Helton coached the Trojans to a Pac-12 championship in 2017 and a berth in the Cotton Bowl, ending that season with an 11-3 record. In February 2018, he received a contract extension until 2023, which could account for the pay raise Helton earned after he made a reported $2.6 million the prior fiscal year. As a private institution, USC is not required to divulge the salary information of its employees.
The $3.2 million may not represent Helton’s annual salary as it currently stands, as he did not agree to his extension until more than halfway through the 2017-18 fiscal year. According to USA Today’s college football coaching salary database, that number would place Helton 41st nationally, right behind UCLA’s Chip Kelly, who makes $3.3 million per year.
Helton was not the only USC coach to receive a major pay bump. Men’s basketball coach Andy Enfield made nearly $2.8 million during the 2017-18 fiscal year. Enfield’s last known salary figure was $1.9 million earned in 2014. He received an extension through 2023 in April 2017 after leading the Trojans to the second round of the 2017 NCAA tournament.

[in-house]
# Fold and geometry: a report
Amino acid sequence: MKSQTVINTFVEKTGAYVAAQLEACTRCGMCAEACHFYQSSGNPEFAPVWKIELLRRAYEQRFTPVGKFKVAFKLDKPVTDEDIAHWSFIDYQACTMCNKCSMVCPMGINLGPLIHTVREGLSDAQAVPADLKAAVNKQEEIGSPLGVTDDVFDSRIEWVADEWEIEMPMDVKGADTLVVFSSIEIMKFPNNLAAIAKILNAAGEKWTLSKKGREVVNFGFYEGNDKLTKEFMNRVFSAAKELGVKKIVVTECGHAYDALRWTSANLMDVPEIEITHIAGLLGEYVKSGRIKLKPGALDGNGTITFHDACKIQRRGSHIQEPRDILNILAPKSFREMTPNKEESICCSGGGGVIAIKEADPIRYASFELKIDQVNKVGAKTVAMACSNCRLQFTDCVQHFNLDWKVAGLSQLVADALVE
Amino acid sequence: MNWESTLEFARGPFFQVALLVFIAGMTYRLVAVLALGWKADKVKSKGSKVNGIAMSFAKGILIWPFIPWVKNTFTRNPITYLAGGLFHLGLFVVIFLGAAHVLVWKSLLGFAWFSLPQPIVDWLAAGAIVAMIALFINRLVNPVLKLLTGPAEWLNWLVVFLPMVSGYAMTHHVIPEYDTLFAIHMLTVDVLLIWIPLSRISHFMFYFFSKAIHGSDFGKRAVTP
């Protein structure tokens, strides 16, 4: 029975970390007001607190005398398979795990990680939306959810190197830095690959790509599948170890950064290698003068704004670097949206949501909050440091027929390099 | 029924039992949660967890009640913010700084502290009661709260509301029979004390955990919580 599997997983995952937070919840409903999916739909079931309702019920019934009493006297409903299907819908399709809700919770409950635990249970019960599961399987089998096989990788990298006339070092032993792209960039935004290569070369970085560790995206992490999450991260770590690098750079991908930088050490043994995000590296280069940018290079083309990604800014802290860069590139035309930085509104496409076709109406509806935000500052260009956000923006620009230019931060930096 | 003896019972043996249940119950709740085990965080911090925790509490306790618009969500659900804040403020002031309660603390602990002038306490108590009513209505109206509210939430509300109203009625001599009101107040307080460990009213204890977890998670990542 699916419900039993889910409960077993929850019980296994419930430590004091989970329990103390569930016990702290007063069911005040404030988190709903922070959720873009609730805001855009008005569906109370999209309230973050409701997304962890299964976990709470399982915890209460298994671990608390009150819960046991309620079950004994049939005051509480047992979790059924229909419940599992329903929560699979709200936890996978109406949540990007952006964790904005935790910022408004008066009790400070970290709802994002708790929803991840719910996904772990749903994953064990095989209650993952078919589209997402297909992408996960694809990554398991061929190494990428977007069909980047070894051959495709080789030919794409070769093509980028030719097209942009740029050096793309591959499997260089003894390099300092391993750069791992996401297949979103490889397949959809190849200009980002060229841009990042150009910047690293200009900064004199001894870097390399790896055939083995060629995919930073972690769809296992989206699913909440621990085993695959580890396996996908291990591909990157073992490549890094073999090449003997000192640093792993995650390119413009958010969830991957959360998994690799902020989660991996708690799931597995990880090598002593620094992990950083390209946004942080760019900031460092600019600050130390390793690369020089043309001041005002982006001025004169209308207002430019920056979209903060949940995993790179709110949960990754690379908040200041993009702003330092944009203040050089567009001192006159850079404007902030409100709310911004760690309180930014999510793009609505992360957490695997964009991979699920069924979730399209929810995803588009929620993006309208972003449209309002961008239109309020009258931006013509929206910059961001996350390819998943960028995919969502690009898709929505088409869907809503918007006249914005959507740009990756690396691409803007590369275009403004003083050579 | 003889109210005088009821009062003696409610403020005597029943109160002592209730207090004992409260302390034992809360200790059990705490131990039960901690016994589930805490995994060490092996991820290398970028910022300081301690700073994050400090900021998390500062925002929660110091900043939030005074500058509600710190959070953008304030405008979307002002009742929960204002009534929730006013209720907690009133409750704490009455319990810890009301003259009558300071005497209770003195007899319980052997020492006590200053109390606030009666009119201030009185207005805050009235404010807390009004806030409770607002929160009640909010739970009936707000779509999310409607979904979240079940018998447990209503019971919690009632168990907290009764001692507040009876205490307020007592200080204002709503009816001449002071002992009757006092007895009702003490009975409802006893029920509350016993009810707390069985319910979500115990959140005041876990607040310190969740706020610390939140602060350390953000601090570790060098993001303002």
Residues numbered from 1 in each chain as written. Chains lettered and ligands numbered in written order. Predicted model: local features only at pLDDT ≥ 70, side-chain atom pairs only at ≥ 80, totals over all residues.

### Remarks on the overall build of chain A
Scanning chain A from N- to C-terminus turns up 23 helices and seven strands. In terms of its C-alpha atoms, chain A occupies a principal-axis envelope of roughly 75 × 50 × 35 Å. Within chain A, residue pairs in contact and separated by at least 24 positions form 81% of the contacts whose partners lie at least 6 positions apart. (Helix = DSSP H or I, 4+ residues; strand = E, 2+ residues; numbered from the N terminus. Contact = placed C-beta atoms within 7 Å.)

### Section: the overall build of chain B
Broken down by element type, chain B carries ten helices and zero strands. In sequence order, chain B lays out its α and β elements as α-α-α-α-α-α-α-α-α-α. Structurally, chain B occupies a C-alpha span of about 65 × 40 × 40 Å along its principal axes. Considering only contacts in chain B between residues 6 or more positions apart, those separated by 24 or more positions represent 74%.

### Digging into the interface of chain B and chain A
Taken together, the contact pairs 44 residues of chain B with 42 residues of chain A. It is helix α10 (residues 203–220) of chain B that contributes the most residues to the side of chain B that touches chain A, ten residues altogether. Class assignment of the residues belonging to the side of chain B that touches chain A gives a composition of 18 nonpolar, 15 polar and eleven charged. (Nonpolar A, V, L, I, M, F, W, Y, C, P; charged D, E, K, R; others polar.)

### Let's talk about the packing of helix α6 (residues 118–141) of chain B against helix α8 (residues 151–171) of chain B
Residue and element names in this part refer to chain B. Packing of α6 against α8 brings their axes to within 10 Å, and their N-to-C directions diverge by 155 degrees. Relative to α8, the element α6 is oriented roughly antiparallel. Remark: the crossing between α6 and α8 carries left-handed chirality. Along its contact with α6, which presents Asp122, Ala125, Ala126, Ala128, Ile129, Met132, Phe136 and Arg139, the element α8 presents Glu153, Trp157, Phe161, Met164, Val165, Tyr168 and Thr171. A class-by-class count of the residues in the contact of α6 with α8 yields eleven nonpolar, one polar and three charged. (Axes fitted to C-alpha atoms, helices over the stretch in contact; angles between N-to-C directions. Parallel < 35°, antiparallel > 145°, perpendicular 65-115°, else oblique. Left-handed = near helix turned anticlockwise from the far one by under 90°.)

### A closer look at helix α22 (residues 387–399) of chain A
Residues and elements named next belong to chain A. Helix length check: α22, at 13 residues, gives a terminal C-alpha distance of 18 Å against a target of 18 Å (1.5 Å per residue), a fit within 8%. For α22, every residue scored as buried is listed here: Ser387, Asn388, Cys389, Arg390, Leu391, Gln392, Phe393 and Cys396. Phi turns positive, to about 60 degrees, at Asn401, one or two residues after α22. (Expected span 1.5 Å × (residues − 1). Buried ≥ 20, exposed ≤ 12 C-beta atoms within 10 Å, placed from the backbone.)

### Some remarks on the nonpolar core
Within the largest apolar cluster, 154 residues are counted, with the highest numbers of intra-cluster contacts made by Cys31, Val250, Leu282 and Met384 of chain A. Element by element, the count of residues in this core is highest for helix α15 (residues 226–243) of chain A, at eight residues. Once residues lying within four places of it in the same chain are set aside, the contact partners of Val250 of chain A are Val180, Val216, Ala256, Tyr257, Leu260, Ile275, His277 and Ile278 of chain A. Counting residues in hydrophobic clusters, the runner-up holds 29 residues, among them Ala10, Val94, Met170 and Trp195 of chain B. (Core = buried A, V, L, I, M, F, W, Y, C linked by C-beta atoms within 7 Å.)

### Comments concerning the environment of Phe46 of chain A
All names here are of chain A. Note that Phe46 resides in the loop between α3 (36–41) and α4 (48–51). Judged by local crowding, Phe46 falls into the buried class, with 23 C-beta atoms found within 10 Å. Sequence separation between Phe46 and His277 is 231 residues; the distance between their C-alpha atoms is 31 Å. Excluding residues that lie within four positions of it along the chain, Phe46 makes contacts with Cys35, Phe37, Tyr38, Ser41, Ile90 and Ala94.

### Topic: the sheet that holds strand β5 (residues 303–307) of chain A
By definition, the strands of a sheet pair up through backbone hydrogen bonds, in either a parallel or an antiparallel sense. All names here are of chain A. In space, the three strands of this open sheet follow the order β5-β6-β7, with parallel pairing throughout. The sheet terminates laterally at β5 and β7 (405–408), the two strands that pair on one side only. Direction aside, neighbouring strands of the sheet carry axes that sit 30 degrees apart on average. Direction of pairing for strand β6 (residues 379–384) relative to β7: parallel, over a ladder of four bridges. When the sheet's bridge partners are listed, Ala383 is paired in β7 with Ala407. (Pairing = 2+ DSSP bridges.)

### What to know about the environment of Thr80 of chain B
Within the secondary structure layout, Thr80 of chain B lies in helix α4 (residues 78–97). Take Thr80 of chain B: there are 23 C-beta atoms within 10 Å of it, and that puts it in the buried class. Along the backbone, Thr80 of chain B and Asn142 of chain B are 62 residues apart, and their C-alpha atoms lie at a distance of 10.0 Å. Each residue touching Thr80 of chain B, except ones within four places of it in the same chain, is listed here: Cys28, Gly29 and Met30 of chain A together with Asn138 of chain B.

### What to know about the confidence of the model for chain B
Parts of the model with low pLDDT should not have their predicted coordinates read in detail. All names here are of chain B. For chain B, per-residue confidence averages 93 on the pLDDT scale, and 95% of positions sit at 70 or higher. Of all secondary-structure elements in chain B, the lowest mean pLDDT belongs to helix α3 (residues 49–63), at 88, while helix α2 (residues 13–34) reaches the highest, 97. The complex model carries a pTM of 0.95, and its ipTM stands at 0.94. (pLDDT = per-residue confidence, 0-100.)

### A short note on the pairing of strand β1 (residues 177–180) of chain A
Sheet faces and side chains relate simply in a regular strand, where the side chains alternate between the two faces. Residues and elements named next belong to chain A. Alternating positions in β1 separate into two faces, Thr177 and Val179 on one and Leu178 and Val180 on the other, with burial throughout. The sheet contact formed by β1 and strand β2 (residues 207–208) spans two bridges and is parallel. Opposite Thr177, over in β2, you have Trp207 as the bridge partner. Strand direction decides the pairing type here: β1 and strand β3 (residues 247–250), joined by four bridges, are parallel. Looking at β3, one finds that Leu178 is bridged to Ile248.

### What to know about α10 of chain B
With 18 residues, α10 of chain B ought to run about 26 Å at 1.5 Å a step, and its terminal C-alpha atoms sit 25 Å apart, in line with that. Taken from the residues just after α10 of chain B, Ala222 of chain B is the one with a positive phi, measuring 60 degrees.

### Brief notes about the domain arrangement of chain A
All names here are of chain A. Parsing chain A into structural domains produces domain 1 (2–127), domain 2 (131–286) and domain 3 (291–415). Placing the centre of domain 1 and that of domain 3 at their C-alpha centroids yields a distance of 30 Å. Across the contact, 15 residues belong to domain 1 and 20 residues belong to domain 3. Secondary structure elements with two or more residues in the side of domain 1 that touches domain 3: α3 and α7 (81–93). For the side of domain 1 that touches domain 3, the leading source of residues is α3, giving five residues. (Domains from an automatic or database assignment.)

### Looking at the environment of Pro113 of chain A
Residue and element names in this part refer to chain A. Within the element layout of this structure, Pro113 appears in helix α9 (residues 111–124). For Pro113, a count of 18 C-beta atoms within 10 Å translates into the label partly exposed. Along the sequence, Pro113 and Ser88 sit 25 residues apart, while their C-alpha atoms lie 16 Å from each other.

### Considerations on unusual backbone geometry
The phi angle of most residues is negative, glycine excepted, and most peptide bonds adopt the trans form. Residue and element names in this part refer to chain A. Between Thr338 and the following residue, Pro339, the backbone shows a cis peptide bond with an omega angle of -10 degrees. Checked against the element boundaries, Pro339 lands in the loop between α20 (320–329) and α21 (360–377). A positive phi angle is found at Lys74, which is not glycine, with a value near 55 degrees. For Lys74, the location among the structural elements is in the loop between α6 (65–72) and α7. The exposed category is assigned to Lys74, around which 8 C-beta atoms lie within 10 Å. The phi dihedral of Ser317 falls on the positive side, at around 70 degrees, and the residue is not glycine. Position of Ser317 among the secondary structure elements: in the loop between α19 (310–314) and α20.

USC has failed to make the tournament in consecutive seasons since Enfield’s extension. His earnings in the 2017-18 fiscal year would place him in the top 30 nationally today according to USA Today’s college basketball coaching salary database.
One notable omission from USC’s most recent tax document was athletic director Lynn Swann, who was not listed among the school’s “highest compensated employees.” In the 2016-17 fiscal year tax document, Swann’s predecessor, Pat Haden, was listed as earning $2.8 million — one of the highest figures in the nation for an athletic director.